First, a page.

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Title: Vitamin A nutritional status and retinoic acid as regulators of gene expression in rat liver      
dateReleased:
08-31-2011
description:
Vitamin A (retinol) is an essential precursor for the production of retinoic acid (RA), which in turn is a major regulator of gene expression, affecting cell differentiation throughout the body. Understanding how vitamin A nutritional status, as well as therapeutic retinoid treatment, regulates the expression of retinoid homeostatic genes is important for improving dietary recommendations and therapeutic strategies using retinoids. This study investigated genes central to processes of retinoid uptake and storage, release to plasma, and oxidation in the liver of rats under steady-state conditions after different exposures to dietary vitamin A (deficient, marginal, adequate and supplemented), and acutely after administration of a therapeutic dose of all-trans-RA. Over a very wide range of dietary vitamin A, lecithin:retinol acyltransferase (LRAT) as well as multiple cytochrome P450s (CYP26A1, CYP26B1, and CYP2C22) differed by diet and were highly correlated with one another and with vitamin A status assessed by liver retinol concentration (all correlations, P<0.05). After acute treatment with RA, the same genes were rapidly and concomitantly induced, preceding RARß, a classical direct target of RA. CYP26A1 mRNA exhibited the greatest dynamic range (change of log26 in 3 h). Moreover, CYP26A1 increased more rapidly in the liver of RA-primed rats than naïve rats. By in situ hybridization, CYP26A1 mRNA was strongly regulated within hepatocytes, closely resembling RBP4 in location. Overall, whether RA is produced endogenously from retinol or administered exogenously, changes in retinoid homeostatic gene expression simultaneously favor both retinol esterification and RA oxidation, with CYP26A1 exhibiting the greatest dynamic change. All rats were housed in a room maintained at 22°C with a 12-h dark:light cycle, and food and water were freely available. For the Steady-State Vitamin A Study (experiment 1) and the Retinoic Acid 16-hour Kinetic Study (experiment 2), lactating female Sprague-Dawley rats with 12 female pups (purchased from Charles River Laboratories, Willmington, MA) were fed a vitamin A-deficient purified diet [AIN-93G diet, prepared by Research Diets, New Brunswick, NJ] to reduce the transfer of vitamin A in milk from mother to pups prior to the start of the study. For experiment 1, from weaning, the offspring were fed the same diet modified to contain vitamin A at one of four levels: 0 (vitamin A deficient), 0.4 mg retinol/kg diet (vitamin A marginal), 4 mg retinol/kg diet (vitamin A adequate control), or 100 mg retinol/kg diet (vitamin A supplemented). All rats were studied at 8 weeks of age. Rats were euthanized by carbon dioxide asphyxiation and blood and liver were collected rapidly and frozen in liquid nitrogen for storage at -80°C before analysis. In experiment 2, at 8 weeks of age female vitamin A-deficient rats were treated with ~100 ug of All-trans-Retinoic acid (at-RA) for 0 (vehicle only), 3, 6, 10 or 16 h (n=3-4/group). Tissues were collected and RNA was prepared in the same manner as in experiment 1. In the 90-minute "first pass" kinetic study (experiment 3), female rats were purchased at 6 weeks of age and fed a stock rodent diet. When the rats were 8 weeks old they were assigned to a control (naïve) group. Rats in the naive group received an equal amount of vehicle only (vegetable oil/5% ethanol). Food was removed immediately. Sixteen hours after priming, each rat was lightly anesthetized by isoflurane-oxygen inhalation and treated with ~25 ug all-trans-RA bound to albumin [10 ug RA per 100 g bo dy weight], injected into the exposed left common iliac vein. The incision was closed with a surgical staple. The rats were allowed to recover from the anesthesia. Rats were killed at 0 minute (vehicle injection), and 30, 60, and 90 min (n = 3/group) after injection of the RA test dose. Rats were euthanized by carbon dioxide asphyxiation and blood and liver were collected rapidly and frozen in liquid nitrogen for storage at -80°C before analysis. For experiment 1, five biological repeats were Vitamin A deficient, seven biological repeats were Vitamin A marginal, six biological repeats were Vitamin A adequate, and two biological repeats were Vitamin A supplemented. In experiment 2, three biological repeats were performed for each of the following treatments: untreated, at-RA for 3 hours, at-RA for 6 hours and at-RA for 16 hours. Four biological repeats were treated with at-RA for 10 hours. For experiment 3, two biological repeats were untreated and three biological repeats were performed for each of the following at-RA treatment times: 30, 60 and 90 minutes. A total of 47 samples were analyzed.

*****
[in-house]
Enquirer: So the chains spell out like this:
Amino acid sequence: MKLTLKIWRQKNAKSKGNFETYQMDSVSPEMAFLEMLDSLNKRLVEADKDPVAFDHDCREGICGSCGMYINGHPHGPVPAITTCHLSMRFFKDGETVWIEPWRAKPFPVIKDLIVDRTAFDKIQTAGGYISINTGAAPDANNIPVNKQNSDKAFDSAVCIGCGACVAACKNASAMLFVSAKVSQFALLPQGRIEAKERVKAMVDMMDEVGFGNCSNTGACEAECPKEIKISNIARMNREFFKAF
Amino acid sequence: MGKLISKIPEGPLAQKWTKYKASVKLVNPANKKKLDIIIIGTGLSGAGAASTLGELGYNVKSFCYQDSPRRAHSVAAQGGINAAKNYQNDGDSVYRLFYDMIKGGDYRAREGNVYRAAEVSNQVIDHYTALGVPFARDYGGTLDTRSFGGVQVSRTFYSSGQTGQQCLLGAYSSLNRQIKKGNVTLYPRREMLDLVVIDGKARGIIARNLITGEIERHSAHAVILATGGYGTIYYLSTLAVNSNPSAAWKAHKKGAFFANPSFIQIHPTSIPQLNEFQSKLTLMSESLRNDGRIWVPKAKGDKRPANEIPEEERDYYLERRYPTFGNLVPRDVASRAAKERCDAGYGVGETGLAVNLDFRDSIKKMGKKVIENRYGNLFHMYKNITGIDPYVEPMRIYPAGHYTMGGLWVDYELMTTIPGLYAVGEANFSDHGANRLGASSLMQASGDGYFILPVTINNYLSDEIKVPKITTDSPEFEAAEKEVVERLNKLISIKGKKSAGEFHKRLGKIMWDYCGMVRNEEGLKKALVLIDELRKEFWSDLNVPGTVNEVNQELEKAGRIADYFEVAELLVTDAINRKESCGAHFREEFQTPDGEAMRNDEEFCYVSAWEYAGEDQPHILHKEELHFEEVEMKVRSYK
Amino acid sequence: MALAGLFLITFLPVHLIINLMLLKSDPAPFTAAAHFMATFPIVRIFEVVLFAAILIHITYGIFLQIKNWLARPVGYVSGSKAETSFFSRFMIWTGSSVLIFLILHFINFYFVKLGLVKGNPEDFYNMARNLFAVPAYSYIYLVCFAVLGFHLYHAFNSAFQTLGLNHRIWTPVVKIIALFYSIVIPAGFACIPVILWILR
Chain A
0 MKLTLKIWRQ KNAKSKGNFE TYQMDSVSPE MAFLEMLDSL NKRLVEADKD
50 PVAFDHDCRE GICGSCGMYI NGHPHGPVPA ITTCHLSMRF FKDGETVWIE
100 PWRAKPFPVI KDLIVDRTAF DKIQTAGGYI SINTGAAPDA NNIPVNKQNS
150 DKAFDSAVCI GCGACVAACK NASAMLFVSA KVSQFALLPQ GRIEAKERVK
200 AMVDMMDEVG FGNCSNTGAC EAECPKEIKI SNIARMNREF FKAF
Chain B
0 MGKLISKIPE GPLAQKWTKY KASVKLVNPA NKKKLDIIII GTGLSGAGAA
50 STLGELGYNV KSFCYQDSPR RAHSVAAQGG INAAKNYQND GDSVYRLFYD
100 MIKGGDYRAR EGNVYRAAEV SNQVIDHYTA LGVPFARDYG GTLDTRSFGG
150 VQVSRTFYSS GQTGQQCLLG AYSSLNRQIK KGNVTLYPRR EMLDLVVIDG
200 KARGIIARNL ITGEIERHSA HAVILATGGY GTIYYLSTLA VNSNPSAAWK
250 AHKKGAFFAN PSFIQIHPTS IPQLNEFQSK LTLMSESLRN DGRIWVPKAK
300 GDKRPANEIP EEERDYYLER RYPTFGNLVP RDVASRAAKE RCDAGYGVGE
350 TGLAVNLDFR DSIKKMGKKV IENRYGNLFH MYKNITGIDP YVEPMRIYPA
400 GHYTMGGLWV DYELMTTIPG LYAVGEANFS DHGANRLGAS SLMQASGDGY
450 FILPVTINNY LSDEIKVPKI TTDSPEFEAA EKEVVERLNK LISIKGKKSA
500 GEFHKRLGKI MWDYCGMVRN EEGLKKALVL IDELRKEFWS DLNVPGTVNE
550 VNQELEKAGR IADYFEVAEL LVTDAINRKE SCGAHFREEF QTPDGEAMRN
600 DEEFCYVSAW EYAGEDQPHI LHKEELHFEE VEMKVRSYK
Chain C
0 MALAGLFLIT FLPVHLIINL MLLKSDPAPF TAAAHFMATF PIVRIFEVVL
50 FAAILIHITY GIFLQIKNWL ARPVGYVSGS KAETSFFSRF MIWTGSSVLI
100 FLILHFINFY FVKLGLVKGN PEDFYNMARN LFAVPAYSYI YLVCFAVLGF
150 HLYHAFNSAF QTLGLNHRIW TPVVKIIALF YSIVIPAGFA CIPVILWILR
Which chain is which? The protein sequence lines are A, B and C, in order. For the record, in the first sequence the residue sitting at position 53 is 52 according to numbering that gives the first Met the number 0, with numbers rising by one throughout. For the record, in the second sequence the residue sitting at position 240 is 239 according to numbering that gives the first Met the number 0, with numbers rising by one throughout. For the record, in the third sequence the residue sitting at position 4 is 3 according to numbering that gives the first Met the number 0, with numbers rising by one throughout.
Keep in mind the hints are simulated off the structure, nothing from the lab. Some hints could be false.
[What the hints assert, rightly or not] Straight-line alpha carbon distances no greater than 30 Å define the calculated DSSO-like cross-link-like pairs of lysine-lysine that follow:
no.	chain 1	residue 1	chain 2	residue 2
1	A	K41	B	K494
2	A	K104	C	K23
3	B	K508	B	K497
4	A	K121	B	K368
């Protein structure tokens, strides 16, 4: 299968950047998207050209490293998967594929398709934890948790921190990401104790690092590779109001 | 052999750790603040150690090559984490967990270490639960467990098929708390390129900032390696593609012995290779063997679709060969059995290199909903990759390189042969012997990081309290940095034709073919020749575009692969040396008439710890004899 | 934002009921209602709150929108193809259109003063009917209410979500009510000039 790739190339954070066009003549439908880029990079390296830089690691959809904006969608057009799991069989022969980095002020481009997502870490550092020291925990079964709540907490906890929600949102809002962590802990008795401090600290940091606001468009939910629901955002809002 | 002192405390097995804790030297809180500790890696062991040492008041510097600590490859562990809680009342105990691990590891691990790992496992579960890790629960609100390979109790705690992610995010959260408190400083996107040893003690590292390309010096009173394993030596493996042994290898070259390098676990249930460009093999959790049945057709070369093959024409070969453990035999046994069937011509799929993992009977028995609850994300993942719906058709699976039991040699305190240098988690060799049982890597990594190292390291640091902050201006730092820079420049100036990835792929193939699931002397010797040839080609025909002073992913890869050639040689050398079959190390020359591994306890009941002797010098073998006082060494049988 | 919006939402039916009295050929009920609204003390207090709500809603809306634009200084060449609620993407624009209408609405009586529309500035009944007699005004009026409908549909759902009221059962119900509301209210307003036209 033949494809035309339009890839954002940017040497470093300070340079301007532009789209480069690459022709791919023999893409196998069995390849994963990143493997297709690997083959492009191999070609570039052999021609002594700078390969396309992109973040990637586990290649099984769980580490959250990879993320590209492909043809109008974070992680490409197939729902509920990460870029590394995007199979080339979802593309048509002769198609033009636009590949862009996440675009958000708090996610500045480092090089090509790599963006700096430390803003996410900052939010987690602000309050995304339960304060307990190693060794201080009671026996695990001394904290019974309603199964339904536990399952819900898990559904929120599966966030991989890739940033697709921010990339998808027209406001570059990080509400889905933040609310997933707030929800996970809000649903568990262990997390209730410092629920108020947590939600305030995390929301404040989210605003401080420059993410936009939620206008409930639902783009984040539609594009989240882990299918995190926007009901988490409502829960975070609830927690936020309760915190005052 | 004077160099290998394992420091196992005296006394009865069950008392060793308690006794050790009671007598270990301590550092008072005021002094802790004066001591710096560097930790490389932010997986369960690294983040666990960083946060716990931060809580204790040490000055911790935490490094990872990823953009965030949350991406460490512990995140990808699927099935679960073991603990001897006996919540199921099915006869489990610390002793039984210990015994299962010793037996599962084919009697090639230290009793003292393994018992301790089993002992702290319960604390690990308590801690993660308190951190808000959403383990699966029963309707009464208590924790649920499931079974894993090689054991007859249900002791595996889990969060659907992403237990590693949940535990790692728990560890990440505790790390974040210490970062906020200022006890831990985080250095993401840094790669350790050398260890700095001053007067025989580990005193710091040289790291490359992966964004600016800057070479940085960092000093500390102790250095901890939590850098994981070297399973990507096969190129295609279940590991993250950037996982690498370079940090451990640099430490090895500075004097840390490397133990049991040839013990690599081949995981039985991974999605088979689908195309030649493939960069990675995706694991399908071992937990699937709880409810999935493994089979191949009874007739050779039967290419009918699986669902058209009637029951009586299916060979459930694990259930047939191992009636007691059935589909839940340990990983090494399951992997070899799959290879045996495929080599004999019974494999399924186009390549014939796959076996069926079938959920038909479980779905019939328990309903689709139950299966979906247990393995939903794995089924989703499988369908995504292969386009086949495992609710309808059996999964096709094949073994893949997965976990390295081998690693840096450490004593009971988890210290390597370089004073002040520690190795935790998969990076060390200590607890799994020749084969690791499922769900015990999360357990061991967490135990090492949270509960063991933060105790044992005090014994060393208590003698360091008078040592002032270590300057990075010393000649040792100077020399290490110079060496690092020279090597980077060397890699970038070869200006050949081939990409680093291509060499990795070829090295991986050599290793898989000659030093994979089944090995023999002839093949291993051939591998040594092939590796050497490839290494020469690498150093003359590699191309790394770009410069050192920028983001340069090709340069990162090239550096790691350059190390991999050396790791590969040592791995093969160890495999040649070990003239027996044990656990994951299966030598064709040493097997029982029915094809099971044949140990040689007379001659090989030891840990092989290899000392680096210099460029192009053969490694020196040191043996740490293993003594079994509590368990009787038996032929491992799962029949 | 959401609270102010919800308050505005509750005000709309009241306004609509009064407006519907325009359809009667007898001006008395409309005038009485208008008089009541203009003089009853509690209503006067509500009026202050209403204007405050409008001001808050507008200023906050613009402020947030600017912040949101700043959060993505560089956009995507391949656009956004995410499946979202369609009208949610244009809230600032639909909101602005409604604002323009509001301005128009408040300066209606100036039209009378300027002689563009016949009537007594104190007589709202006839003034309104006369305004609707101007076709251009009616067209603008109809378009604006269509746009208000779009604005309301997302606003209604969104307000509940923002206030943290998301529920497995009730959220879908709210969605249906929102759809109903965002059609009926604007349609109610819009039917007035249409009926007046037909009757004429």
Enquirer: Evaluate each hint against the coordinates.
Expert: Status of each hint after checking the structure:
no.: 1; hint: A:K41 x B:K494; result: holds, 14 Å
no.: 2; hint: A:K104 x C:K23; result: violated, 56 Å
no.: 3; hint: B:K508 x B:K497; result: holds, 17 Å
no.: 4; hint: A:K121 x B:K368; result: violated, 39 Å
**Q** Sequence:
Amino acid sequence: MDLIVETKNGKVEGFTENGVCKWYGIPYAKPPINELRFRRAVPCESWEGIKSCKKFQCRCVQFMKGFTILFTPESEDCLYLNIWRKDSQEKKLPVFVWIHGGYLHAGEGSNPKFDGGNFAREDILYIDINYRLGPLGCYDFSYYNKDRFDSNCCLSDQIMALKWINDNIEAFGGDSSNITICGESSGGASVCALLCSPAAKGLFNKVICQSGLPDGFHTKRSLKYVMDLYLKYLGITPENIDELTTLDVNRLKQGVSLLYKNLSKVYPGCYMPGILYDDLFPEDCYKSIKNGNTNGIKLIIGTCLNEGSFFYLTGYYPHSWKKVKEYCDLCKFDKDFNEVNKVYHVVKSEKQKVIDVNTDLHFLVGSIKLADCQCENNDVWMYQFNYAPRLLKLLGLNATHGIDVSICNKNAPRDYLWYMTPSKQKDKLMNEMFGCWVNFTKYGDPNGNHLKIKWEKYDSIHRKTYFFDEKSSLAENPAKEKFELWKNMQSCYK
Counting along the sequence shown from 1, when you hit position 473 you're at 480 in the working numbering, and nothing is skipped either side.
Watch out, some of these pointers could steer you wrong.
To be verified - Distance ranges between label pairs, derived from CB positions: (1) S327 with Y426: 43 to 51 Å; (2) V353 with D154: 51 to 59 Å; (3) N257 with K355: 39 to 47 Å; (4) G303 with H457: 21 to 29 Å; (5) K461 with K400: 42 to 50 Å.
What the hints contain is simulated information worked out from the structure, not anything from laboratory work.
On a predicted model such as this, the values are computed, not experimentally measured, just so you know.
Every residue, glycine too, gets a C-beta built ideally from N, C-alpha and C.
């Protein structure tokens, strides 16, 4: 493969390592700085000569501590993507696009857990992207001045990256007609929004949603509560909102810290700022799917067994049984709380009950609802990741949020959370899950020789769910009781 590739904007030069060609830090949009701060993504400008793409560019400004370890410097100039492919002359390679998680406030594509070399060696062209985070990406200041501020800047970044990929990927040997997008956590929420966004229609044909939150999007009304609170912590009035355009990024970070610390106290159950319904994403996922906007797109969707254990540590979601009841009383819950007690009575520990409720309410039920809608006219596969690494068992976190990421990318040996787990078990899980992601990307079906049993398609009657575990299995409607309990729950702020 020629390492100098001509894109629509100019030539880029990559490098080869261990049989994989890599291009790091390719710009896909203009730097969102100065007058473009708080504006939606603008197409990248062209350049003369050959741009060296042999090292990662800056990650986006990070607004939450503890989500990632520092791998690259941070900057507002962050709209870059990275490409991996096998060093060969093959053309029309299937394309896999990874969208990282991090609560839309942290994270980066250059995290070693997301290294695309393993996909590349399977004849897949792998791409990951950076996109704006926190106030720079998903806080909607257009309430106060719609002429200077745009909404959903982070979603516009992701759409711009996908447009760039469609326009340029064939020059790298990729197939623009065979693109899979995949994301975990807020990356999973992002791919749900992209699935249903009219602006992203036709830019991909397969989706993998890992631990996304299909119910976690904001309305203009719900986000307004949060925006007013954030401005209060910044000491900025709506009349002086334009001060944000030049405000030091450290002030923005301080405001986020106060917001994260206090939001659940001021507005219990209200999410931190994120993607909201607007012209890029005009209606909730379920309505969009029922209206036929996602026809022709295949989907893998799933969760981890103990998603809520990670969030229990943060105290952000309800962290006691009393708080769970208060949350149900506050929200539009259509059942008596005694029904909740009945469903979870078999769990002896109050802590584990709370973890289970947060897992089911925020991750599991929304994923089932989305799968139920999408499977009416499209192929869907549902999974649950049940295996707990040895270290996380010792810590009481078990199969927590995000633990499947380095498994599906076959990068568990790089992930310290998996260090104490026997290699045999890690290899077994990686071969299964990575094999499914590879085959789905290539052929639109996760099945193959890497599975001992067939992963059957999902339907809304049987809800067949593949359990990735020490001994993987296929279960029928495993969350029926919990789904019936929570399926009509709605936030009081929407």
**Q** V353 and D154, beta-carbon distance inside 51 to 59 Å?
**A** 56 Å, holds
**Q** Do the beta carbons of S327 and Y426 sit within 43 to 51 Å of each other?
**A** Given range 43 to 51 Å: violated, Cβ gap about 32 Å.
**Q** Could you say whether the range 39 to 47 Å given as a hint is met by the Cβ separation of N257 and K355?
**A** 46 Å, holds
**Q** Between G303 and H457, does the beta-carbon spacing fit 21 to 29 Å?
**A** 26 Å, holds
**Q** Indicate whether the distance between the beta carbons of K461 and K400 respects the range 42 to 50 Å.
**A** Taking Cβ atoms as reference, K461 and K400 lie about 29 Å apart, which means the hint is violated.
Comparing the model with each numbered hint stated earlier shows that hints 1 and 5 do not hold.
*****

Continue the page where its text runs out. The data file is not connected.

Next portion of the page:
privacy:
not applicable
aggregation:
instance of dataset
ID:
E-GEOD-24104
refinement:
raw
alternateIdentifiers:
24104
keywords:
functional genomics
dateModified:
05-02-2014
creators:
A. Catharine Ross
availability:
available
types:
gene expression
name:
Rattus norvegicus
ID:
A-AFFY-43
name:
Affymetrix GeneChip Rat Genome 230 2.0 [Rat230_2]
accessURL: https://www.ebi.ac.uk/arrayexpress/files/E-GEOD-24104/E-GEOD-24104.raw.1.zip
storedIn:
ArrayExpress
qualifier:
gzip compressed
format:
TXT
accessType:
download
authentication:
none
authorization:
none
accessURL: https://www.ebi.ac.uk/arrayexpress/files/E-GEOD-24104/E-GEOD-24104.processed.1.zip
storedIn:
ArrayExpress
qualifier:
gzip compressed
format:
TXT
accessType:
download
authentication:
none
authorization:
none
accessURL: https://www.ncbi.nlm.nih.gov/geo/query/acc.cgi?acc=GSE24104
storedIn:
Gene Expression Omnibus
qualifier:
not compressed
format:
HTML
accessType:
landing page
primary:
true
authentication:
none
authorization:
none
abbreviation:
EBI
homePage: http://www.ebi.ac.uk/
ID:
SCR:004727
name:
European Bioinformatics Institute
homePage: https://www.ebi.ac.uk/arrayexpress/
ID:
SCR:002964
name:
ArrayExpress